EU Council steps in to solve NPL problem
As summer came to a close, the Council of the EU stepped in with an action plan to help solve the European non-performing loans problems.
The council has outlined a mix of policy actions to help reduce stocks of NPLs, which remain at high levels within banks across EU member states, and prevent their future emergence.
A council study found that all NPLs recorded in Europe, in 2016, amounted to nearly €1trn – the equivalent of roughly 6.7 percent of the EU’s GDP and about five percent of total bank loans.
Officials in Brussels have become concerned that banks with high levels of NPLs can generate negative cross-border spill-overs and affect market perception of the EU banking sector. Resolving NPLs, the council said, can help reduce financial fragmentation and facilitate capital flows.
The council has therefore agreed to tackle the issue as it will “benefit the whole of the EU”. It said that although banks are primarily responsible for restructuring their business models and resolving their NPL issues, NPL stocks in some member states may not decline at a sufficient pace given their current magnitude.
It said incentives for banks to deal with NPLs proactively should be enhanced, whilst avoiding the disruptive effects of fire sales.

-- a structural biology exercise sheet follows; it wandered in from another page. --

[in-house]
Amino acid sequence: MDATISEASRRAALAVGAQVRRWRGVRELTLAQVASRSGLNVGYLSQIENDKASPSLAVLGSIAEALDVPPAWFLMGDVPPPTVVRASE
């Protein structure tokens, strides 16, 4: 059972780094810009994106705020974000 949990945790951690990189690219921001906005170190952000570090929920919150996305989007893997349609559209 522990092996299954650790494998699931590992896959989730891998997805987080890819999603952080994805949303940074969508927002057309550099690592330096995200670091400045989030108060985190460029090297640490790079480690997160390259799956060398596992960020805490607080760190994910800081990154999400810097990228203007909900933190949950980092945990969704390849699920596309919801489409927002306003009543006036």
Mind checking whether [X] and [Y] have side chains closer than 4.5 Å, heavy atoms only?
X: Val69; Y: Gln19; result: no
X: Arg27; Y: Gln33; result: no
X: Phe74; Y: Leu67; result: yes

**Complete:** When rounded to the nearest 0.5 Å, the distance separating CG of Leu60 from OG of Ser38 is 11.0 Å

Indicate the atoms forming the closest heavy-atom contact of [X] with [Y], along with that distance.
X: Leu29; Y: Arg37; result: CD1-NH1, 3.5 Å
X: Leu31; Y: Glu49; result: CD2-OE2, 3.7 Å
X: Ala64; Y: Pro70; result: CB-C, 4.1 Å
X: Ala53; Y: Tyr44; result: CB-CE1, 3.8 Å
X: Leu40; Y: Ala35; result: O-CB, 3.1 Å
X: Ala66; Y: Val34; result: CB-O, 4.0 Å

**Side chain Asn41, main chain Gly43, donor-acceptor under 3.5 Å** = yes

The council has highlighted the need for action in bank supervision, the reform of insolvency and debt recovery frameworks, the development of secondary markets for NPLs and restructuring of the banking industry.
It said that given the severity of the recent financial and economic crisis, a number of severely affected banks may not be sufficiently equipped to deal with the observed surge of bad loans.
In its report the council states that “for this reason, some banks, especially small ones, may lack the expertise, capacity, or tools to deal with NPLs on a large scale.” Adding: “Outsourcing of servicing may be an option, but that, in turn, depends on the capacity of the NPL servicing industry and of the costs associated with servicing fees.”
Toomas Tõniste, minister for finance of Estonia, which currently holds the council presidency, said: “Non-performing loans are a problem for the banking industry for which solutions have until now been mainly defined at the national level.
“We need to free up these resources, make our financial system more resilient and prevent the re-emergence of NPL issues in the future.”
The council has agreed to revert to this issue regularly and initially after six months to take stock of the evolution of NPLs in Europe.